The British Supreme Court has decided in favor of news-clipping service Meltwater in its long-running dispute with UK newspaper publishers, who accused Meltwater of copyright infringement because of the way it distributes excerpts of stories online without paying any licensing fees.
The country's highest court ruled Wednesday that Meltwater's customers – and anyone in the UK who views excerpts of news stories online without permission – cannot be prosecuted for violating publishers' copyrights.
The ruling stems from a dispute between Meltwater and the UK's Newspaper Licensing Agency, which represents newspaper publishers. Meltwater provides its customers – mostly public relations firms wanting to track news about their clients – reports that contain hyperlinks, the opening paragraphs of articles and other excerpts via email or its website.
The dispute centered on whether Meltwater's customers were guilty of copyright infringement when they viewed articles on their computers without the explicit consent of the newspapers that provided the original content. Meltwater doesn't pay newspapers licensing fees for redistributing excerpts and links to their content.
The UK's High Court and Court of Appeals had previously ruled in favor of the Newspaper Licensing Agency. But the Supreme Court overturned those rulings.
“It has never been an infringement of EU or English law to view or read an infringing article in physical form,” the court said in its official summary. “Making mere viewing, rather than downloading or printing, the material an infringement could make infringers of millions of ordinary internet users across the EU.”
Because copyright issues concerning Web browsing are so important and have international implications, the Supreme Court referred its judgment to the European Union's Court of Justice, which has the authority to uphold the UK decision across all 27 countries in the EU.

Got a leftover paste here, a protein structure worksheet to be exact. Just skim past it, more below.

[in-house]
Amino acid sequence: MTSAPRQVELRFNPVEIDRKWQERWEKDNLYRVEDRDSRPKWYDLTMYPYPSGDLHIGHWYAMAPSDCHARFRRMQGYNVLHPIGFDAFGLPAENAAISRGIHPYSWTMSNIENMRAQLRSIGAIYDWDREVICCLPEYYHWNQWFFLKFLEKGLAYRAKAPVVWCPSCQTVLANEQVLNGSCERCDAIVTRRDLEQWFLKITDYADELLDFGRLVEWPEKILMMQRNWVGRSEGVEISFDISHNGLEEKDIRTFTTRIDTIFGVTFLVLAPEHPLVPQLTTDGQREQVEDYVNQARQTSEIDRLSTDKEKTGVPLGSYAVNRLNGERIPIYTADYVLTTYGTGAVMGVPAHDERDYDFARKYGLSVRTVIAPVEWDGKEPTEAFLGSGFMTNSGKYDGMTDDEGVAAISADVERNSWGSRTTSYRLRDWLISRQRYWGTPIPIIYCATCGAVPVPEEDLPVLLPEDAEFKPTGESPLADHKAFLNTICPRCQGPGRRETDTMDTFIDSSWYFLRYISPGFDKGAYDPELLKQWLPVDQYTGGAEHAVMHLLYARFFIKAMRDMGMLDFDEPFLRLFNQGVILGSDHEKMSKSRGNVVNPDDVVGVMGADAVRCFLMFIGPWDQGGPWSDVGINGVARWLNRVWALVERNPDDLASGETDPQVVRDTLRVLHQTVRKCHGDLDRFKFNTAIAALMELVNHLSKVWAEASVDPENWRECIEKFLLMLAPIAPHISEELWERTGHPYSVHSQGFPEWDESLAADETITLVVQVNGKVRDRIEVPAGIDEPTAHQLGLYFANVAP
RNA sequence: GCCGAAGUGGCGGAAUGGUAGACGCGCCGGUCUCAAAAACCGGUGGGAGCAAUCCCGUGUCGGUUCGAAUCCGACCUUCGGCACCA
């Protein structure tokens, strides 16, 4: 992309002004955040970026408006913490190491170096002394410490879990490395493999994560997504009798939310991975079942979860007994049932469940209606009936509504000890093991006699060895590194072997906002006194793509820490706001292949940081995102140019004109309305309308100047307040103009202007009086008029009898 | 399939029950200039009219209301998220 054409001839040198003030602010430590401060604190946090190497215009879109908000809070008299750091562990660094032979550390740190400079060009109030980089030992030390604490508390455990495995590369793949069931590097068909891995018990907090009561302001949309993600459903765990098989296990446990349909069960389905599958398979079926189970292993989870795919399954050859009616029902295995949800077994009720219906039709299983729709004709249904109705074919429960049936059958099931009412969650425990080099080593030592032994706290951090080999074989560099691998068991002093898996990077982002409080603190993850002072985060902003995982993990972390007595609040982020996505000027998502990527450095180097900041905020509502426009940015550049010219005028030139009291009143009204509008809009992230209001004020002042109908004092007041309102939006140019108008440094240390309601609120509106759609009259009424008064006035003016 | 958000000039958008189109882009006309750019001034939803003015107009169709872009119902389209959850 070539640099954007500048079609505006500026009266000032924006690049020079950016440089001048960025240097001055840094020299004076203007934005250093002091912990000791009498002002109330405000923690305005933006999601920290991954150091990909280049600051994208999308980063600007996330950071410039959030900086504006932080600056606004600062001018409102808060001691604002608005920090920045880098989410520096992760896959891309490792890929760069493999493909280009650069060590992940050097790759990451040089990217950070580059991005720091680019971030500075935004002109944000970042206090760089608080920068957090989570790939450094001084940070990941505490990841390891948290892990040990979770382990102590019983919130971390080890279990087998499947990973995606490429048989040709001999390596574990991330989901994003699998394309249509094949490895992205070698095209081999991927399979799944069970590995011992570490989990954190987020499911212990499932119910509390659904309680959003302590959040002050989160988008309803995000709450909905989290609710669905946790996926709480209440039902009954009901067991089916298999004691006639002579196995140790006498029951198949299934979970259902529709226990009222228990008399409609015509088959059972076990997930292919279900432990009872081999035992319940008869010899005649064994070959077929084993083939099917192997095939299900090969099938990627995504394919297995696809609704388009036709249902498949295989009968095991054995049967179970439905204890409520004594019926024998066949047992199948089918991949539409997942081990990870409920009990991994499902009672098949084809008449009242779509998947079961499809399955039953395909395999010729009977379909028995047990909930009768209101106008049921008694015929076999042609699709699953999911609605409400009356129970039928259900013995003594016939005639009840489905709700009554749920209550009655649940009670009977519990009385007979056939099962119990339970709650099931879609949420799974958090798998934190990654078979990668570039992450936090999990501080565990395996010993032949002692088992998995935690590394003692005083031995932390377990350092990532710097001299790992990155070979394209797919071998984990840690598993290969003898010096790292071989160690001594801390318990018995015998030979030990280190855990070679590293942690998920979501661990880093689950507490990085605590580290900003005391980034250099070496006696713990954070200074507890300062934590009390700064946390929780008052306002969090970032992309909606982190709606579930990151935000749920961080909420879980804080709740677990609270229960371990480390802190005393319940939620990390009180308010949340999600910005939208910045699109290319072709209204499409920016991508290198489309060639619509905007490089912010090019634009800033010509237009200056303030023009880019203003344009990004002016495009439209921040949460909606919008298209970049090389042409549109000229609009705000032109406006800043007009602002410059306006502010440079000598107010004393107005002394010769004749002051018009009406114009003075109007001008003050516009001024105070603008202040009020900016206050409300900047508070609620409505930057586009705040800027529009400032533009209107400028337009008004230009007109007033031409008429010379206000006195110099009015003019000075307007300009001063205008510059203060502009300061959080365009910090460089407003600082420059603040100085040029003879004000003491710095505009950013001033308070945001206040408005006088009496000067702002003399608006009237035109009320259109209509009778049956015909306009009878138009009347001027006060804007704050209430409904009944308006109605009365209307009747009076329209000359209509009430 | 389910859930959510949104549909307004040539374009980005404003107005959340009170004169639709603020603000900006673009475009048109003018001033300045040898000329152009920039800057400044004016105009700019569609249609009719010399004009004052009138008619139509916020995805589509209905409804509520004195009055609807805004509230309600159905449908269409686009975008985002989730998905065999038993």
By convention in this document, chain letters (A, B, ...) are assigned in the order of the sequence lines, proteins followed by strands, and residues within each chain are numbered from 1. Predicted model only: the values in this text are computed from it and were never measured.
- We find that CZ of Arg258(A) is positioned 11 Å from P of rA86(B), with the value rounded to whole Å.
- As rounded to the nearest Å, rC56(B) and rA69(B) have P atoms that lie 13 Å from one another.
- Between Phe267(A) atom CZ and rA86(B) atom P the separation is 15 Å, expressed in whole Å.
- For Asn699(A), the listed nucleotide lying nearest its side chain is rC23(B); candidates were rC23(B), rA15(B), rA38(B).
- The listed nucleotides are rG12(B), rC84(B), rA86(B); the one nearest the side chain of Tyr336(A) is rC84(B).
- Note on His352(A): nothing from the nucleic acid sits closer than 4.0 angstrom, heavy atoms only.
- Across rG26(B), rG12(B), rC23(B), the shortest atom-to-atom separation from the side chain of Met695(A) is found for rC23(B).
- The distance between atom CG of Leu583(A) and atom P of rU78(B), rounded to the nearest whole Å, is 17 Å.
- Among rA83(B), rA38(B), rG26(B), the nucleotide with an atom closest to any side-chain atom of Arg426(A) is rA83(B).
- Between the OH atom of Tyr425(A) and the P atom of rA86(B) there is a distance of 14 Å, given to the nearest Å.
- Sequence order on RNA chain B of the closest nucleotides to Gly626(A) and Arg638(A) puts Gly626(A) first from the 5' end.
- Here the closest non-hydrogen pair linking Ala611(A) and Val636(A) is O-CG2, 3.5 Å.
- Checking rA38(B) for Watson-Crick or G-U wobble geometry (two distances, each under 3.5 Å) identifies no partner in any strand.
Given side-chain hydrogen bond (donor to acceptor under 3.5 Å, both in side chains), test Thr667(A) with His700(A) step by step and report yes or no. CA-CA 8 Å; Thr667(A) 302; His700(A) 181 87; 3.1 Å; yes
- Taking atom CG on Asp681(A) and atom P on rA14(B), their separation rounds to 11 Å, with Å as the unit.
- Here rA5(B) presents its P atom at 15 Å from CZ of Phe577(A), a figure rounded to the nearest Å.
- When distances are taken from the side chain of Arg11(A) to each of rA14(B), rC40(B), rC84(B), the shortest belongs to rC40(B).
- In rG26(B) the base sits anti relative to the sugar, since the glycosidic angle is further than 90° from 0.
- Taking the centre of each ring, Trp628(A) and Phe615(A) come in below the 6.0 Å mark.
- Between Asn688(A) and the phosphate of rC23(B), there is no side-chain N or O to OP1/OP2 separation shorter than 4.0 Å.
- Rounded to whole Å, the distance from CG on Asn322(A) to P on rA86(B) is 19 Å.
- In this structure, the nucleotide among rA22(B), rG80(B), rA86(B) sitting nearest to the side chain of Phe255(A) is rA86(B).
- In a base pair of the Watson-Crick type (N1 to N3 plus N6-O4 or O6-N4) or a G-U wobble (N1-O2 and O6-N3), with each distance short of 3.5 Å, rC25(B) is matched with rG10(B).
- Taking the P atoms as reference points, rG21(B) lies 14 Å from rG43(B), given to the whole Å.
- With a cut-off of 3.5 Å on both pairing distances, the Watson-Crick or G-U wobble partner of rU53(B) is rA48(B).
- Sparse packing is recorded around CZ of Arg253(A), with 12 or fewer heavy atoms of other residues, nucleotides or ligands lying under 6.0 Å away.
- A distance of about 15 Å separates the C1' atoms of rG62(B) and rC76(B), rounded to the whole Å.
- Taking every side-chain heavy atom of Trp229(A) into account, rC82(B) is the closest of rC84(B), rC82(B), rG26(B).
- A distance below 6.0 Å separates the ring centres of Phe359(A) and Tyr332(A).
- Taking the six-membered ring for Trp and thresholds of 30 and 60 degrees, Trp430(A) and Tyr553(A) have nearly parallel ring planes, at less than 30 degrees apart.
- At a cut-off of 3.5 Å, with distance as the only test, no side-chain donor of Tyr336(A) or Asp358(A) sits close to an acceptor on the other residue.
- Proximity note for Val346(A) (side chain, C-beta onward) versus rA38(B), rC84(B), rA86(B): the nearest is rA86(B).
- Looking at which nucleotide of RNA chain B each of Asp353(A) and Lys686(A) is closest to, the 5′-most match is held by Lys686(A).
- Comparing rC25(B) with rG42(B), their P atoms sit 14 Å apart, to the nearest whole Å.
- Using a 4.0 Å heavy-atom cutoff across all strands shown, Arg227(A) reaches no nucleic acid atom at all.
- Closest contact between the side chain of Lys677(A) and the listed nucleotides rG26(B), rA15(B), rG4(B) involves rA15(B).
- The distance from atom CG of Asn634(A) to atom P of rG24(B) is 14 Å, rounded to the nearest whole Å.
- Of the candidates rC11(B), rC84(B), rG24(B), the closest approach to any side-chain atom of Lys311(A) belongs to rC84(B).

“We are very pleased that the Supreme Court overruled the previous rulings of the Court of Appeals and the High Court that the simple act of browsing the Internet could be copyright infringement,” Jorn Lyssegen, chief executive of Meltwater said in a statement.
“This ruling is an important step in modernizing the interpretation of UK copyright law and protects UK Internet users from overreaching copyright collectors,” he said.
Andrew Hughes, the Newspaper Licensing Authority's commercial director, said the group was disappointed with the decision, which Hughes said might nudge newspapers to put more material behind paywalls.
“We think news is valuable,” he said. “We think people who commercially exploit news should pay.”
The case is at odds with a recent decision in the United States, where a federal judge concluded that Meltwater U.S. Holdings Inc. and its Meltwater News Service essentially resold stories from The Associated Press. U.S. District Judge Denise Cote in New York ruled against Meltwater's claims that its use of Web stories drawn from a scan of 162,000 news websites from more than 190 countries was a fair use of copyright-protected material.
Meltwater was founded in 2001 in Oslo, Norway. According to the company's website, it has more than 800 employees working in 55 offices around the world.